Climate change has become a modern issue representing a significant concern for the governments, regional bodies and international organizations especially regarding the possibilities to manage rapidly declining and threatening trends. Overemphasis on the economic aspects of modernization and technical development in the past may have yielded certain dividends, albeit at the expense of generating environmental imbalances created by ruthless mining of natural resources (air, water, and soil) for infrastructure growth, industrialization, agricultural mechanization, and watershed restoration. Either of those entailed demographic shifts from rural to urban areas, leave fertile fields and bodies of water relatively unsecured. The rapid expansion of industrial plants to improve the economy resulted in the depletion of forests and ecosystems, the loss of biological diversity, the widespread use of fossil fuels, the emission of vast quantities of pollution and radioactive waste, and soil erosion and degradation (Zafarullah & Huque, 2018).

Environmental issues have no political boundaries; they surpass states and regions and must therefore be addressed by interregional collaboration among governments and institutions (Chasek, 2012; DeSombre, 2006; Kjellen, 2008). The article will focus on policies and strategies in selected South-Asian countries- India, Nepal, Bangladesh.

South Asia as a region represents a challenge with the harmonization of environmental policies across the region. Its main problem is the turbulent relationship between nations, which has a negative effect on all policy fields, including the environment. Some countries pursue a bilateral approach to environmental issues, avoiding SAARC – the regional platform for multilateral cooperation and diplomacy, that can play a useful role in environmental management. The Hindu Kush Himalaya region faces several serious challenges. Poverty has an effect on human and economic growth outcomes in South Asia, which has an impoverished area with an average GNI of approximately US$1,610. The region represents a hot spot of climate migration. In the case of Bangladesh, climate change has been a driving force of migration from coastal areas, impacted by high levels of sea, to the capital Dhaka that has to cope with critically high levels of density. The COVID-19 pandemic has, in the case of India, increased the urban to rural migration and increased the number of “urban poor” (Dhanasree, 2021).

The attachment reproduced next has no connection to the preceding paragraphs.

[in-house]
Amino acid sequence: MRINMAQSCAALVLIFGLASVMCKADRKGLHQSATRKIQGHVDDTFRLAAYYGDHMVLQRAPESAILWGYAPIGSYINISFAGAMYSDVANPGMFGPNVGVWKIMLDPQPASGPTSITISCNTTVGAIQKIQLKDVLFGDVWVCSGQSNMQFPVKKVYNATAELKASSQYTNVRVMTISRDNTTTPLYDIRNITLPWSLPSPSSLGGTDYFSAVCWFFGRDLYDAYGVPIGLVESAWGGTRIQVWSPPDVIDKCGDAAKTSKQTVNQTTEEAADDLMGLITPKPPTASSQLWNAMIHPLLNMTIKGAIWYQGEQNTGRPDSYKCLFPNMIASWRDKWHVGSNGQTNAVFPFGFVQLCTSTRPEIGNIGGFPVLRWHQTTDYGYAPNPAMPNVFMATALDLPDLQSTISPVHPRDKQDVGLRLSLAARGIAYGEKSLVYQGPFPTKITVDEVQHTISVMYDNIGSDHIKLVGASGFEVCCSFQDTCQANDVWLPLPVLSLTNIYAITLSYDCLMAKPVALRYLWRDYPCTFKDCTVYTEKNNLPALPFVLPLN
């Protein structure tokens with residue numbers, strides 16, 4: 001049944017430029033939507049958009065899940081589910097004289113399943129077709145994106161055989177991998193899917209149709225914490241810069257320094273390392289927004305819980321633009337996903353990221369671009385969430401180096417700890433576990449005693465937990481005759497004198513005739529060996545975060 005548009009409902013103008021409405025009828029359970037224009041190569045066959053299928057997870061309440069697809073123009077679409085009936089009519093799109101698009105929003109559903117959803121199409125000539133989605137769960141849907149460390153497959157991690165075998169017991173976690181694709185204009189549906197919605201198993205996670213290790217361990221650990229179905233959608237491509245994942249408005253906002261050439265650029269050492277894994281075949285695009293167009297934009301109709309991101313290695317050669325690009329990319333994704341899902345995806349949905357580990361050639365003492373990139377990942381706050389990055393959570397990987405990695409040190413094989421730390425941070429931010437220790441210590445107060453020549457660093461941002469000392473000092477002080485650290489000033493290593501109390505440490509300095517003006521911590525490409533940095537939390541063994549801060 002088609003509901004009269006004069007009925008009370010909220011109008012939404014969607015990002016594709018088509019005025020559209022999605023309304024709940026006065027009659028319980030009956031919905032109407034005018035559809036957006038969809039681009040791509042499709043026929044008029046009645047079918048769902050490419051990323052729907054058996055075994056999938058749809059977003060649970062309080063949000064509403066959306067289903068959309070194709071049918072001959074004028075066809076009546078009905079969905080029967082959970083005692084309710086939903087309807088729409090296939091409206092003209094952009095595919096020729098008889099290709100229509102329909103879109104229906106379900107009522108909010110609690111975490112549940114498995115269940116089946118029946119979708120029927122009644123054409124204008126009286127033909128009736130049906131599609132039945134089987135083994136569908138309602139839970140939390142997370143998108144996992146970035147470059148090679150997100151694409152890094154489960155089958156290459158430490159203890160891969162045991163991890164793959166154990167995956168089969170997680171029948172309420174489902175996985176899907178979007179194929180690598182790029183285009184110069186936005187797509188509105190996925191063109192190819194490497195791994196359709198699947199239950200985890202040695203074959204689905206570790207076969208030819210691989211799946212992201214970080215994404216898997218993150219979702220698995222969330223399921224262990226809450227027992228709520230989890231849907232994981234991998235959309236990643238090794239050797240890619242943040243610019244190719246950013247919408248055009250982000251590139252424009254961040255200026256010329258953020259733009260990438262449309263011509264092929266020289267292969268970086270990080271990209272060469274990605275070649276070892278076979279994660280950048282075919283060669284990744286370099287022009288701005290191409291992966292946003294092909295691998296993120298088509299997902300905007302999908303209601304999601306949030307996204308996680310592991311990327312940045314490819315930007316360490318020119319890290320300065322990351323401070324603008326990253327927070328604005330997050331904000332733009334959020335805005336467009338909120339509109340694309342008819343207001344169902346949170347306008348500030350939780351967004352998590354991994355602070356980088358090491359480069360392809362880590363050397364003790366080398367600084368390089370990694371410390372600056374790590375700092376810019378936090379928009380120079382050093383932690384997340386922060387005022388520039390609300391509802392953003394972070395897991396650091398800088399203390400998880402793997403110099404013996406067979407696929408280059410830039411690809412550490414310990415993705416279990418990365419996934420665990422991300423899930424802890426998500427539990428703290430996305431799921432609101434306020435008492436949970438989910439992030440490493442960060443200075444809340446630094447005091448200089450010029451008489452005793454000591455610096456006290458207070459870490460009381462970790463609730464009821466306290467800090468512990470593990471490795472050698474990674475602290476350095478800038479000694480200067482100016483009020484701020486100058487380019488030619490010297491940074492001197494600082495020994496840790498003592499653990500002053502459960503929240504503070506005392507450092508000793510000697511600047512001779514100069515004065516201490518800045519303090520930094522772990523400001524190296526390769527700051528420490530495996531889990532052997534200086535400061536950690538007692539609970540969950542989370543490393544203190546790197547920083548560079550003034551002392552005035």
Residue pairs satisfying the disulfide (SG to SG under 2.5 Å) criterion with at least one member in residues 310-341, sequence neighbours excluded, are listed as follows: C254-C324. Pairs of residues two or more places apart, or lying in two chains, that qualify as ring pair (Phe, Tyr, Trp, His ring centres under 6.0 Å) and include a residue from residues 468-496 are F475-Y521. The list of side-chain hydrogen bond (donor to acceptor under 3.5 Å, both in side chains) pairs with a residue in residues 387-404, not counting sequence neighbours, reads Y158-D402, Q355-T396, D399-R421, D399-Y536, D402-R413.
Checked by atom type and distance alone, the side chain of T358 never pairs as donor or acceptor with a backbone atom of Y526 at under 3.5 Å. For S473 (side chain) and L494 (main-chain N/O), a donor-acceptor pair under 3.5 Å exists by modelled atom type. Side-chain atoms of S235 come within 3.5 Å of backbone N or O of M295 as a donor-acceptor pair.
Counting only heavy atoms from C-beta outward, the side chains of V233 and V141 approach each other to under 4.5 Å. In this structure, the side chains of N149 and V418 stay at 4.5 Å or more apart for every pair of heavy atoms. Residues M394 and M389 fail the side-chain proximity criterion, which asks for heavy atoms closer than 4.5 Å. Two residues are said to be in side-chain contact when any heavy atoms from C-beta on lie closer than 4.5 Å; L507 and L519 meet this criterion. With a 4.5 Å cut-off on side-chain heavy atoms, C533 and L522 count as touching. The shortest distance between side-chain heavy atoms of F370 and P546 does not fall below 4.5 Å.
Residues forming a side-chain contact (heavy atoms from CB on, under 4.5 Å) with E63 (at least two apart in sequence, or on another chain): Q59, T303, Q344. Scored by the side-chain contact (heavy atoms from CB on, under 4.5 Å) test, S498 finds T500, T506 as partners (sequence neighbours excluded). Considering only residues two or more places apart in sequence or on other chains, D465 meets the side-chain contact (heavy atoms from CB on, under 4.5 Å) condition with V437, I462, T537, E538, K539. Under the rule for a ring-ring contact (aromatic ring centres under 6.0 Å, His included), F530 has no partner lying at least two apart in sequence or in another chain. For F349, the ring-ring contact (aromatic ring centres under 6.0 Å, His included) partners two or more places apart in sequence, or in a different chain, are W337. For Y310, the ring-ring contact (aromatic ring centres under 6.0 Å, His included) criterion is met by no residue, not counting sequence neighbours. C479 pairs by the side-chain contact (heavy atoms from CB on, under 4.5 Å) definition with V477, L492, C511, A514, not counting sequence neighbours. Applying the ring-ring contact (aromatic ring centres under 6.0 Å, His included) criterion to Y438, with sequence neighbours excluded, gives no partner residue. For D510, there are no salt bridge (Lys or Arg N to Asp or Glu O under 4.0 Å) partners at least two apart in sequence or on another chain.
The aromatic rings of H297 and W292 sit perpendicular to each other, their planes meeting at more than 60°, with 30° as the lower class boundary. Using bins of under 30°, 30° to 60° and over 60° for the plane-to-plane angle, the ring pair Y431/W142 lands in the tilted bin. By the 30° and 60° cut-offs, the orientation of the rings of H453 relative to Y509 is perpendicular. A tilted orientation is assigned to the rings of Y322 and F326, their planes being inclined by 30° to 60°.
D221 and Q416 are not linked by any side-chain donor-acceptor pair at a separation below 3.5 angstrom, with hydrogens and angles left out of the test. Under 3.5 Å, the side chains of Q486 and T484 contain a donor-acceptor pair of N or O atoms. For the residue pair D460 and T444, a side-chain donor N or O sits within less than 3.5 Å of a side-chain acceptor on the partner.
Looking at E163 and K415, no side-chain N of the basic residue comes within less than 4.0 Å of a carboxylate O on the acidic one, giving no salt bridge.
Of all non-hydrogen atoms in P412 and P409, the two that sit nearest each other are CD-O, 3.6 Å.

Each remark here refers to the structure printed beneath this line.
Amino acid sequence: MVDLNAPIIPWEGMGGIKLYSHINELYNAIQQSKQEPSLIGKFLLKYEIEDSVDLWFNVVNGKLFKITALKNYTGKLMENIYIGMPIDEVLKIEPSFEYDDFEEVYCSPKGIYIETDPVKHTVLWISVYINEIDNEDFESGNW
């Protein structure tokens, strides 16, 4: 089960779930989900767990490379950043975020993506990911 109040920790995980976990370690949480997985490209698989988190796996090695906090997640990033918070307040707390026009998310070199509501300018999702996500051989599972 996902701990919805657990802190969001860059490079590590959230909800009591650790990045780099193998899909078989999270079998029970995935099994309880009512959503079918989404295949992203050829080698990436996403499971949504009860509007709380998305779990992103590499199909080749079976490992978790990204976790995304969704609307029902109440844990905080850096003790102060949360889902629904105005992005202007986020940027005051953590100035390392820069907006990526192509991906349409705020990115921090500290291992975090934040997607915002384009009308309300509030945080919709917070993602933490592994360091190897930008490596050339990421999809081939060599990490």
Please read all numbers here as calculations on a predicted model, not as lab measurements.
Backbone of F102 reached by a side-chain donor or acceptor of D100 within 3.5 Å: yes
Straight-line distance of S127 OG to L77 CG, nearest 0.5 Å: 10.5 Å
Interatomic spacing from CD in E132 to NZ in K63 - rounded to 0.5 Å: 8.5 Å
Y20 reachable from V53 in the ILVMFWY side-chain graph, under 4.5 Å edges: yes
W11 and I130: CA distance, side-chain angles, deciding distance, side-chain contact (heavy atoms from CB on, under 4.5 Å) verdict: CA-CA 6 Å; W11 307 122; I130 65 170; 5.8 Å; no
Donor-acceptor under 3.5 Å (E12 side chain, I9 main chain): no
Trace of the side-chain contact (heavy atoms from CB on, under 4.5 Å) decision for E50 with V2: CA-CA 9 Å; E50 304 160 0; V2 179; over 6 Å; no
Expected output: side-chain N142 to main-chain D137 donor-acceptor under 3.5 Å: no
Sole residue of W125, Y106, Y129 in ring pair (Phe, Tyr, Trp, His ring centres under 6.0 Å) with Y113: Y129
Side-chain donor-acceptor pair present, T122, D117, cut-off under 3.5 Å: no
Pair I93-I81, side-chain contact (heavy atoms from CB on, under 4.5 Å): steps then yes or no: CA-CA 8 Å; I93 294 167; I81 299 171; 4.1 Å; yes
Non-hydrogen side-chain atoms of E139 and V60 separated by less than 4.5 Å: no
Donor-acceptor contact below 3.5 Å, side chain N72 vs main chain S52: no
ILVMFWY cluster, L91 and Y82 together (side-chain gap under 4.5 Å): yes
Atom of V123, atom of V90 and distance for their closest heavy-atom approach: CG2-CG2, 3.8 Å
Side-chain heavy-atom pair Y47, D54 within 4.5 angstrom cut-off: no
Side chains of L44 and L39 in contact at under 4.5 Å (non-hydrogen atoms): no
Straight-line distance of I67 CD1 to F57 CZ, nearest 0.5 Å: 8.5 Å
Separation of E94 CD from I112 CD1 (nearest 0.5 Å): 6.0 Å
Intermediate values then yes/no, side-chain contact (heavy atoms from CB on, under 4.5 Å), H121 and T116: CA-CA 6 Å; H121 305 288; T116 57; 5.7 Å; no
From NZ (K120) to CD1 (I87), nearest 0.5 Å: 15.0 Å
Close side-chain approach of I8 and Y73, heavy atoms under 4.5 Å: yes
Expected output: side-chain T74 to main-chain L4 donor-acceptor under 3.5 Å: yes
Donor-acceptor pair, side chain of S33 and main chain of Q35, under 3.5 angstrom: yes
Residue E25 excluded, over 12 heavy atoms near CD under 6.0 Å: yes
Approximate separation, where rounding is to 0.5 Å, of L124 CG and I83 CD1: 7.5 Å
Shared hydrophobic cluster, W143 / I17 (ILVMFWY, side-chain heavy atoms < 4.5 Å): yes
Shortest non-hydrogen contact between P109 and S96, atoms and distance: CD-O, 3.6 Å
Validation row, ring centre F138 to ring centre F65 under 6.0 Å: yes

The rising population density, the ecologically unfriendly industry infrastructure and the seizure of lakes, canals and land for urban development lead to natural disasters streaming into the environmental issues. During past years, the situation in the region is aggravated, resulting in heavy floods, more frequent cyclones or rising levels of sea near coastal areas (Zafarullah & Huque,2018).

Each country has a different issue and policy – Bangladesh with trade winds causing warm weather and drier circulation is considered as one of the most vulnerable to climate change. It has adopted BCCSAP- an action plan in order to lower carbon emissions but the country is unevenly developed, and some regions lag behind. India is very active in regards with its environmental policy by adopting NAPCC-National action plan on climate change in 2008 and then INDC-Intended nationally determined contribution from 2015 in order to follow a low carbon path. NAPA- Nepal National adaptation plan of action was prepared in 2010 to fight against social and economic disparities in the country, but the government soon realized they have to fight on a local level. NRREP- National rural and renewable energy program was created and by 2050 they plan to achieve 80% of the electrification through renewable energy in the country and reduce its dependency on biomass (Mukhopadhyay, 2018).